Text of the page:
More recently, Dias and Hayhoe (1988 pp. 4-15) have also recognized the causes for the unpopularity of poetry that Strong has identified, but they are of the view that such practices are now largely in the past. They are of the opinion that although there are many factors contributing to the unpopularity of poetry in secondary schools, the critical theory implicit in the teaching of poetry in most schools is a prime cause. They classify the literary criticism that affects the teaching of poetry in three major trends: New Criticism, Structuralism and Post-structuralism.

New Criticism - This approach is based on the concept of the poem as an autonomous unit requiring careful analysis. Its emphasis is on interpretation. The main objective is to train pupils to read poetry by closely examining the internal structure of the poem for every aspect that would shed light on its meaning. Meaning is believed to be contained entirely within the text. The teacher is concerned with neither the author’s intentions and context nor the responses that the poem may have evoked in the reader. As a matter of fact, subjective reading of poetry is discouraged totally. The teacher assumes the role of guardian of the poem’s meaning and the students, through her questioning, are guided towards their destination – the one correct meaning of the poem. Students are therefore barred from exploring the poem intuitively.

This method completely withholds from students the opportunity to develop as readers of poetry since it forbids them to react from their own responses to the text.

Structuralism – This approach is no more acceptable today than the New Criticism approach. It is more scientific in that it requires an understanding of the structures that render meaning to literary works. It posits that a poem is not a self-contained unit, but part of an interrelated system of other works. Emphasis is placed on explicit, analytical reading with the aim of understanding the systems that lend meaning to literary works.

This approach also places the teacher in a dominant role because the students feel unsure of their capacity to approach a literary work without prior knowledge and understanding of the basic “codes” and “structures” that are fundamental to structuralism. Clearly, it falls far short of present objectives in the teaching of poetry; teaching students to develop response to poetry.

Post-structuralism – While the former approaches have inclined towards the idea of one correct meaning, this approach promotes the idea that different readings can lead to widely differing interpretations and that meaning is indeterminate and unstable. In fact, Post-structuralism postulates that any literary work will yield multiple interpretations subject to the experiences it evokes in readers.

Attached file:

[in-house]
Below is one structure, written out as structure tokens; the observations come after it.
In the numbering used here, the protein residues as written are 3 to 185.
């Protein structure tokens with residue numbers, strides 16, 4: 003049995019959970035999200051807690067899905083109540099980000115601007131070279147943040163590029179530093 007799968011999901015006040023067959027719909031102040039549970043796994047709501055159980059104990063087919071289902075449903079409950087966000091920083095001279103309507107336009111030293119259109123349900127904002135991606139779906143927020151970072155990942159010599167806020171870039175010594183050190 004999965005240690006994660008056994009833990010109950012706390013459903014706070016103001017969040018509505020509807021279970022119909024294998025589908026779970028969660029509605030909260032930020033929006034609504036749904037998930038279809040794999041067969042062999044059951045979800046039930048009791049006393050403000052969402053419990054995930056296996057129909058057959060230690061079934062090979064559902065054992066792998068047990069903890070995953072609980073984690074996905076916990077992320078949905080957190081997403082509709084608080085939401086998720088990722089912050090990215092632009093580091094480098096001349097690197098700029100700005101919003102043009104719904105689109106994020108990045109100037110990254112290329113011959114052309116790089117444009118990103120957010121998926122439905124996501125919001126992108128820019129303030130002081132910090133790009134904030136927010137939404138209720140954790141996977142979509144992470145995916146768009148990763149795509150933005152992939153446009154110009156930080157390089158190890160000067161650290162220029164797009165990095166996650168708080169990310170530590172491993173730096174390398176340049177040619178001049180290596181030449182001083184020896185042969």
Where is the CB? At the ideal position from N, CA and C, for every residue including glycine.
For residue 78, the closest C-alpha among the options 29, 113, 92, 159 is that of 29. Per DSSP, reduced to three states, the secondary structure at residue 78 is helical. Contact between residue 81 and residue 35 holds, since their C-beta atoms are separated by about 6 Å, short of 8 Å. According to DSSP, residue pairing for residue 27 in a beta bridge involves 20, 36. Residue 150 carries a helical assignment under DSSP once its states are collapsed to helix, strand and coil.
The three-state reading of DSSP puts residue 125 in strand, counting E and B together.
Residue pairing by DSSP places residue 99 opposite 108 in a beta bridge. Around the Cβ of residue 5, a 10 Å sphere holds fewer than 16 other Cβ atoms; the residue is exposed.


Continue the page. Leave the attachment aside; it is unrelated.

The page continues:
This recognition of the possibilities of varied interpretations through differing responses is important if students are to be allowed to realize their full potential as readers. Of the three approaches, Post-structuralism seems to come closest to some of the objectives of present day teaching of poetry.

Suggestions for New Approaches to Improve the Status of Poetry in Schools

The teaching of poetry calls for total involvement on the part of the teacher and students alike; the teacher has his role to play and so do the students. The teacher’s main objective should be to teach students to enjoy poetry. This calls for a certain amount of skill and a great deal of preparation on his part.

Mordecai (1981 p.1) outlines certain essentials for a good poetry class:

- “The teacher MUST have a good working relationship with the class.
- The teacher must understand and respond to the poem.
- The poem must be such that the students are able to respond to it.
- The focus of the class must be on the poem – not on questions about it or information related to it (or its author), but on the poem itself.
- The teacher must, at all costs, stop the class or arrange it so that the class ends while the students are still enjoying the poem and before they become bored with it.”

In order to cover these essentials and to fulfill his objectives the teacher of poetry must plan every step with the greatest of care. Probably the most important aspect of planning is selection. What type of poems are children more likely to respond to? Certainly, children relate more easily to situations that are familiar; they respond more readily to works of their own time. As Johnson (1989) p.6) so aptly puts it: “Choose poems that help children to understand and describe their world.” Of course, the skilled teacher should be able to determine at what stage he should move on to more universal poems.

The selection done, the next step is to decide on a procedure to follow. Moody (1971 pp.30-32) prescribes a very workable procedure:

Preliminary Assessment – A preliminary study enables the teacher to get a good grasp of the poem, to check out facts that may require explanation and to identify aspects which may require special attention.


Excerpt out of 20 pages


A Review on the Teaching of Poetry in Secondary Schools
University of the West Indies  (School of Education)
The Teaching of English
Catalog Number
ISBN (eBook)
ISBN (Book)
File size
441 KB
Teaching, Poetry, Secondary, Schools, Review
Quote paper
Joyette Fabien (Author), 1990, A Review on the Teaching of Poetry in Secondary Schools, Munich, GRIN Verlag, https://www.grin.com/document/320363


  • No comments yet.
Read the ebook
Title: A Review on the Teaching of Poetry in Secondary Schools

Upload papers

Your term paper / thesis:

- Publication as eBook and book
- High royalties for the sales
- Completely free - with ISBN
- It only takes five minutes
- Every paper finds readers

Publish now - it's free